QE causes asset values for commodities to rise. This is the benefit of QE, not for the man on the street. QE in the beginning did help stocks and caused a mild upturn in the job picture. But the cost of living rises while wages in a global society don't. The wage increases that these Nominal GDP guys like Scott Sumner wants, in order to counteract the increase in commodity prices, like oil and food, will not be passed onto workers in a global society.
Ultimately this will hurt the American consumer, and it will benefit only the rich. Therefore, if the Fed does this there needs to be a wealth tax in order to offset the extra wealth flowing to the rich through too much QE.
The Fed announced on 9/13/2012 that it wants another housing bubble. Well, actually, the Fed announced that it would purchase unlimited Mortgage Backed Securities.
Mortgage Backed Securities, or MBS, allow irresponsible banks to offer easy money loans and pawn them off to unsuspecting investors. In this case, the pawn receiver is the Fed, who will be the buyer of all these securities.
Now, one presumes that the Fed is trying to jump start the business of securitization. They will buy 1/2 of the securitized bonds. Once the Fed is up to its eyeballs in these bonds, will the private sector jump in as the Fed pulls back? That is the question. And if the private sector jumps in, will there be government guarantees, as the Fed and the TBTF banks and the IMF want?
Securitization of long duration mortgages gives the TBTF banks, their shadow banks and the hedge funds the opportunity to get rid of questionable mortgages, and receive money to make more questionable mortgages. I have predicted that the Republicans really want the repeal of Dodd-Frank and the Volcker Rule in order to speed up the securitization project.
Now that the Fed is involved, look for every effort to be made to weaken the rules in Dodd-Frank to accomodate easy money lending.
The only question that remains is if Americans remember and if they won't play the game. The Fed wants to throw an easy money party. Are we all going to attend and how much of this toxic punch will we be drinking?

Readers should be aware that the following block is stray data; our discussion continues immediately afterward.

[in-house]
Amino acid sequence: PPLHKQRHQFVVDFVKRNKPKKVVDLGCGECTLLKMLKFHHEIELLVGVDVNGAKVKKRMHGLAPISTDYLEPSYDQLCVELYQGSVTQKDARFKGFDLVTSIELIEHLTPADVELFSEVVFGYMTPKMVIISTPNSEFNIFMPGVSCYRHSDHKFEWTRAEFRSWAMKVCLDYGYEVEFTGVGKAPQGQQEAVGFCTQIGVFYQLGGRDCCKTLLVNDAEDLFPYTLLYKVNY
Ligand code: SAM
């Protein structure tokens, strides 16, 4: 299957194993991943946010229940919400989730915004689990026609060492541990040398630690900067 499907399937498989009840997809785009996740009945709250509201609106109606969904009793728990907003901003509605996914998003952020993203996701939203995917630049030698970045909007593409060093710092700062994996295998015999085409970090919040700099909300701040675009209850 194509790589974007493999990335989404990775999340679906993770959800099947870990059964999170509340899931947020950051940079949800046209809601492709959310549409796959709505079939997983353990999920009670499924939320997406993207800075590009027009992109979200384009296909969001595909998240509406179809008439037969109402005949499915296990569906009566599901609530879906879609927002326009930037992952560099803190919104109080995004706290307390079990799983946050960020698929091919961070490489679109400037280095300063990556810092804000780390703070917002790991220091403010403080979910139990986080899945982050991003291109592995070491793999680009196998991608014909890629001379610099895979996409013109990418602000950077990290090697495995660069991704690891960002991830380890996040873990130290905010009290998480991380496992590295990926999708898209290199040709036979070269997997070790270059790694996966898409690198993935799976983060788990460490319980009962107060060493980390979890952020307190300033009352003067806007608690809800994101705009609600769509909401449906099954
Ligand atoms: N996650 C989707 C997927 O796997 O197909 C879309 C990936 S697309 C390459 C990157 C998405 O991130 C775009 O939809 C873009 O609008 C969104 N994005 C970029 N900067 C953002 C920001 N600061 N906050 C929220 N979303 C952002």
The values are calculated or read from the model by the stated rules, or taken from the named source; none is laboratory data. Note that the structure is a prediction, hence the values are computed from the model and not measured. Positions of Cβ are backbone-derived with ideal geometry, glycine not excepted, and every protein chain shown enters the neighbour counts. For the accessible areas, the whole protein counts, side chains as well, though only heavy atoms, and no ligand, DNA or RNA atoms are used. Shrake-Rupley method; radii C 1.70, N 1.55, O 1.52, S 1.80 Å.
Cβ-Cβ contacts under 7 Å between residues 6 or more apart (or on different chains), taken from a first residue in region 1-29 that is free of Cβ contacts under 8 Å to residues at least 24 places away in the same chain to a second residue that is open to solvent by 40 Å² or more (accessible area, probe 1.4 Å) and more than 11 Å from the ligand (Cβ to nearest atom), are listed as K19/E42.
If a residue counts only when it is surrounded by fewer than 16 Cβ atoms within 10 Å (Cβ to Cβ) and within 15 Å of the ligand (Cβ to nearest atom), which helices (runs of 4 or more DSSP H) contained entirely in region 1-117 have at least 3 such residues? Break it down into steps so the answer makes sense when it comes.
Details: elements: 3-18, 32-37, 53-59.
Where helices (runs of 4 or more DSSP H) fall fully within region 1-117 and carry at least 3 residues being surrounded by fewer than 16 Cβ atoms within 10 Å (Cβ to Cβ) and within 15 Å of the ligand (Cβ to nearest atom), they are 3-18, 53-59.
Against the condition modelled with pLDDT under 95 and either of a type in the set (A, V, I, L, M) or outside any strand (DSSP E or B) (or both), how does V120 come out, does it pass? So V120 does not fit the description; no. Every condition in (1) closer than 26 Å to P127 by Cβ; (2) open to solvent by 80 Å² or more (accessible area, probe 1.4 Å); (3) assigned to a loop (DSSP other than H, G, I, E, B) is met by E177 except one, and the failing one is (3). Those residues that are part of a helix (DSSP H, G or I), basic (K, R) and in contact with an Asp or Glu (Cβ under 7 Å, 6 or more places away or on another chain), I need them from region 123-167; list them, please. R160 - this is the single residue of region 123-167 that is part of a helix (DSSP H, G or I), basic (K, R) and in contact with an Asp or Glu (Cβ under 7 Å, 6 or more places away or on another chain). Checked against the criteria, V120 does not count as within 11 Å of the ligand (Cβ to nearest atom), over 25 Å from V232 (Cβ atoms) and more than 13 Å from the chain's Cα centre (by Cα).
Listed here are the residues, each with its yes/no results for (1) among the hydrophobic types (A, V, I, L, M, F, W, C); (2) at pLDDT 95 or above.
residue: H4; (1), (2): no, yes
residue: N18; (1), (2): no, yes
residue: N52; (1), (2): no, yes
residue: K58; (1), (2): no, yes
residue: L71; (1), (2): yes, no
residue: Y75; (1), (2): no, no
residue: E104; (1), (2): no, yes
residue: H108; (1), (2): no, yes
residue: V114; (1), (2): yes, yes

As regular QE punishes savers with low interest rates, MBS securitization will punish renters, as house prices will appreciate with no real basis in fundamental valuation, that is, based upon wages and rents. House prices should be based upon rents, not the other way around.
The question remains for me, who will be the shadow banks? Where will the next Ameriquest and Countrywide come from?
People must be warned that this is an attack on the middle class, like they can afford it.
Bernanke is proving that the banks are in a lot worse shape than we previously thought. This new QE is no guarantee that they will get better. Multi generational living and the new love of IPads instead of cars and the new frugality could stand in the way of this silly scheme.
Bottom line, it has been less than 10 years and the central bank wants another housing bubble. Housing should be based upon wages and rent, not upon a scheme to attack the middle class, leaving them with houses that are grossly overvalued when the crash comes.
The Fed has big shoulders, able to tolerate totally useless loans that will never be paid back. This is because the Fed does not have to have a market for these securities. The Fed can just hold onto them forever. Some will fail, some will be paid down.
It won't matter to the Fed, who is putting the US government on the hook for all these mortgages. The Fed doesn't do this for free. Once this bubble gets going, you may want to sell your house as prices appreciate, and certainly do not borrow against it, because the Fed will pull the plug on this little buying spree at some point. Then you won't be able to give away your house.
No one argues with the Tea Party that a governmental debt crisis exists. However, sane and prudent slowing growth of the budget is quite different than the slash and burn austerity mentality that the Tea Party shares with the IMF. I have written about the danger of IMF thinking, and in nations where cuts to government spending are massive, in the face of high unemployment, this becomes a dangerous way to go. There has to be balance and a gradual weaning of the pace of growth of government, not a wholesale slaughter of major programs. Unemployment could rise dramatically if governmental programs are slashed.That is true of many areas of Europe.
Regardless of what Rick Santelli has said, we have been screwed by the big banks and the central banks of the western world. The question is are we going to peacefully resist this new financial order or are we going to let these bankers take down our way of life. Are we going to prove Karl Marx right by hurting the average Joe or are we going to strengthen mainstreet by rational thinking? As we see wages go down in a world economy, are we going to pump housing up or are we going to let it correct so that renters can actually afford to rent on the lower wages? At some point, the deleveraging and globalization that is taking place will produce manufacturing and results. But as of now the opposite is happening.